Favorite Quote:
“‘Now we’re in that sweet period where everyone agrees that our recent horrors should never be repeated,” he says.  “But collective thinking is usually short-lived.  We’re fickle, stupid beings with poor memories and a great gift for self-destruction.'”

Crossed Off the Travel Map:

Added to the Travel Map:

Leffrinckoucke Bunkers, Leffrinckoucke, France – abandoned Nazi bunkers on the beach, now with awesome graffiti.

This Week In Awkwardness

Book Finished:

Parkland, by Vincent Bugliosi

An excerpt from Bugliosi’s Reclaiming History, considered a masterwork of the John F. Kennedy assassination and the many conspiracy theories surrounding it, Parkland tells the story of the murder and the days that followed it through the experiences of the many individuals involved.  Bugliosi arranges the narrative so that there are no chapters nor any other real breaks, just timestamps as the events unfold.  The emotions of the Secret Service agents who tried to protect the president, the doctors who tried to save him, and the public who loved him really come through.  I think it’s easy to forget that these famous people really are people, but Bugliosi does a good job of bringing home the experiences of Jackie Kennedy, their children, and the rest of the Kennedy family & friends.  He never comes right out and accuses Lee Harvey Oswald, or gives any opinion at all on that front (although I imagine he does in Reclaiming History), but simply relates the experiences of the people around Oswald, his family, his coworkers at the Texas School Book Depository, witnesses to the J.D. Tippit shooting, and the officers & agents who dealt with him.  This is one of those books where even though I know how the story ends, the author was good enough to have me dreading what was coming.  I was disappointed that the Kindle version left out the photo section, but all in all it’s a very interesting read that gives a grounded perspective to one of the most famous events in American history.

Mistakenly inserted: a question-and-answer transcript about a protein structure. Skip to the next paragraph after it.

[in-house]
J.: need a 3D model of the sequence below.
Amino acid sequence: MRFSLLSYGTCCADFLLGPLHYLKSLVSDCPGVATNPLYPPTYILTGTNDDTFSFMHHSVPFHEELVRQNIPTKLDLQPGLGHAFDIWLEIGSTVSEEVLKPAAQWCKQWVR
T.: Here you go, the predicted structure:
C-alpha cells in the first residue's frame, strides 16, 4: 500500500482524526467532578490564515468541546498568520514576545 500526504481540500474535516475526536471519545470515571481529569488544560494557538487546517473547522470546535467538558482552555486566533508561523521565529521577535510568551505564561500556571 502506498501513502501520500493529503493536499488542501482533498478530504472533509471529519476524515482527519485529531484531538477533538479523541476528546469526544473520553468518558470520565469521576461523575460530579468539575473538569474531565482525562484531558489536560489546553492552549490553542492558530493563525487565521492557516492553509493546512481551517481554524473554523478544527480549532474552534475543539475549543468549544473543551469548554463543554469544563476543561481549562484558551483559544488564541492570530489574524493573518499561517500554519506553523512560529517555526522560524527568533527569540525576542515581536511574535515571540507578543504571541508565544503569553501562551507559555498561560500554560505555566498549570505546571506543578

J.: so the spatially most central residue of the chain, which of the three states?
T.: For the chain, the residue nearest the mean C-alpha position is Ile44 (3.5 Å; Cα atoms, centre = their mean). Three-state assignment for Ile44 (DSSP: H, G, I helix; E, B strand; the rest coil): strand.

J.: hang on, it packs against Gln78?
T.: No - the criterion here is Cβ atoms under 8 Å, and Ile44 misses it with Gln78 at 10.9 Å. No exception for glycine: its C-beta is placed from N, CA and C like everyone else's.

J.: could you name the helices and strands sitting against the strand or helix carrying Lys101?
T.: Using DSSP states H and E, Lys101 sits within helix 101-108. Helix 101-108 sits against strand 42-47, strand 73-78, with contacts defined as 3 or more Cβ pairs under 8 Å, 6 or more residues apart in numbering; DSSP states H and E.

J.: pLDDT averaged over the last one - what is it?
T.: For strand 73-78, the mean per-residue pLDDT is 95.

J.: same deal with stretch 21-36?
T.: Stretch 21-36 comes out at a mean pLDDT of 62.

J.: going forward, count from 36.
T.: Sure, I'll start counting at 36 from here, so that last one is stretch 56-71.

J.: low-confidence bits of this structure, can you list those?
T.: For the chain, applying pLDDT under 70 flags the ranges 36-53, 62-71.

Added to the Travel Map:

Le Jardin d’Agronomie Tropicale, Nogent-sur-Marne, France – ruins of the 1907 Colonial Exhibition.

Plum Island, Southold, New York – some kind of secretive government thing, but they have tours occasionally.

Leri Cavour, Italy – ghost town.

Feltville, New Jersey – ghost town.

This Week in Awkwardness

I was passed on the highway by a pickup truck with a load of cow skulls.

I went through a Border Patrol Checkpoint coming back up from Tombstone.  They just waved me through, I guess I didn’t look like I’d be harboring illegals.  One of the officers was staring off into the desert with a serious pair of binoculars, which looked like about the most boring job on the planet.  I’m not totally convinced he was actually facing the border.

We got our first little bits of snow up on the mountains here in Sedona, I’m hoping for more but I guess they really didn’t get any last year so who knows.

Book Finished:

The Shining, by Stephen King

I’ve tried to read King before, but just could never get into it until this one.  I don’t think I’ve ever read a book that was genuinely creepy, unless you count Goosebumps and that was so long ago I don’t remember if they were scary or not.  Anyway I’d already seen the movie (Shelley Duvall runs like a puppet), the TV miniseries, and the episode of Friends where Joey spoils the ending for Rachel so I already had some idea of what was going on but I still enjoyed it.